Open Access News

News from the open access movement

Thursday, April 03, 2008

Taylor & Francis modifies the terms of its iOpenAccess program

Taylor & Francis has modified the terms of its hybrid journal program, iOpenAccess, which now covers 234 journals.  Formerly, iOA articles were published under a CC-BY-NC-ND license.  Now they will be published under a near-equivalent homegrown license.  Here's the key provision:

For non-commercial purposes users may access, download, copy, display and redistribute documents as well as adapt, translate, text and data mine content contained in documents subject to the following conditions:

  • The authors' moral right to the integrity of their work is not compromised....
  • If document content is copied, downloaded or otherwise reused for non-commercial research and education purposes, a link to the appropriate bibliographic citation (authors, journal, article title, volume, issue, page numbers, DOI and the link to the definitive published version on informaworld) should be maintained. Copyright notices and disclaimers should not be deleted.
  • Use of documents for commercial purposes is prohibited....

Documents posted to PubMed Central are without warranty from Taylor & Francis of any kind, either expressed or implied, including, but not limited to, warranties of merchantability, fitness for a particular purpose, or non-infringement. In no event shall Taylor & Francis be liable for any loss or damage arising out of, or in connection, with the use or performance of this information.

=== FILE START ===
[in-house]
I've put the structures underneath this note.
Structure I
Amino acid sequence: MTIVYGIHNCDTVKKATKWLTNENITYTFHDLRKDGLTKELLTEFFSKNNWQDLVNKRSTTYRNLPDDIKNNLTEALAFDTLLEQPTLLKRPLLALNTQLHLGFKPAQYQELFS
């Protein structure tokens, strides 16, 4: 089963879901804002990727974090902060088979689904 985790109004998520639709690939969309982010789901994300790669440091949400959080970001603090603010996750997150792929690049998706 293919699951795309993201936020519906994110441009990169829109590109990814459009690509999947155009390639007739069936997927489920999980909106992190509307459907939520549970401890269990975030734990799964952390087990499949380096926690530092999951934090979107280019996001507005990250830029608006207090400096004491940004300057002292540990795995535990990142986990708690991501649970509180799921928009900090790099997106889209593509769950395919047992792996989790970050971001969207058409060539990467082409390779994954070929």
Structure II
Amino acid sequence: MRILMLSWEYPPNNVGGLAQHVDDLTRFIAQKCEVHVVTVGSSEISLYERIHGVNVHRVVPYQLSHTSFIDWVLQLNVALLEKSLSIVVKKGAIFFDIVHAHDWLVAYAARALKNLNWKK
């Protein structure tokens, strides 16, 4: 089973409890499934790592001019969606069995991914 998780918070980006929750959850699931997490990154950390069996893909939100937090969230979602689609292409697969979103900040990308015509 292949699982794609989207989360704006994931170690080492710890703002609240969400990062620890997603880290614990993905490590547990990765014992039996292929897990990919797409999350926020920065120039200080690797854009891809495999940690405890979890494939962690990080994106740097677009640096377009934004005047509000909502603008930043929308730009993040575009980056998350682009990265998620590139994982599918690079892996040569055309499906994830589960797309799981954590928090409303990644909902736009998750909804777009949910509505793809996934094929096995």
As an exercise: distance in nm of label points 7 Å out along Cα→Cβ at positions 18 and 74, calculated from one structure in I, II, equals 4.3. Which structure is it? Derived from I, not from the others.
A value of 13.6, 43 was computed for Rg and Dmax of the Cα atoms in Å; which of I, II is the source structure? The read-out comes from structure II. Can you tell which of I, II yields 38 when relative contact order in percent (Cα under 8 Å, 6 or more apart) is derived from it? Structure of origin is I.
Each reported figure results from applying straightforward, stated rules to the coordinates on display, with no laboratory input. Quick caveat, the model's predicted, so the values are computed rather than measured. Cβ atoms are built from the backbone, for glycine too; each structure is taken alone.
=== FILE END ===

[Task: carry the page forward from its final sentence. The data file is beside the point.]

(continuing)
• In one respect the new license is even more liberal than the CC-BY-NC-ND license it replaces.  It expressly allows some derivative works.
  • The specific mention of PMC suggests that the new license is designed for articles by NIH-funded authors.  But this is strange for two reasons.  First, not all iOA articles will be written by NIH-funded authors.  Second, not all NIH-funded authors publishing in the relevant journals will choose the iOA option.  The first kind of strangeness is easy to take.  There's no harm in having clauses in a license that only apply to a subset of the licensed articles.  The second kind of strangeness, however, may be a sign that T&F is planning to require its NIH-funded authors to choose the iOA option, and pay a large fee ($3,250), for the right to comply with their prior funding contract.  Is it?  Is it planning to force authors who only want green OA to pay for gold OA?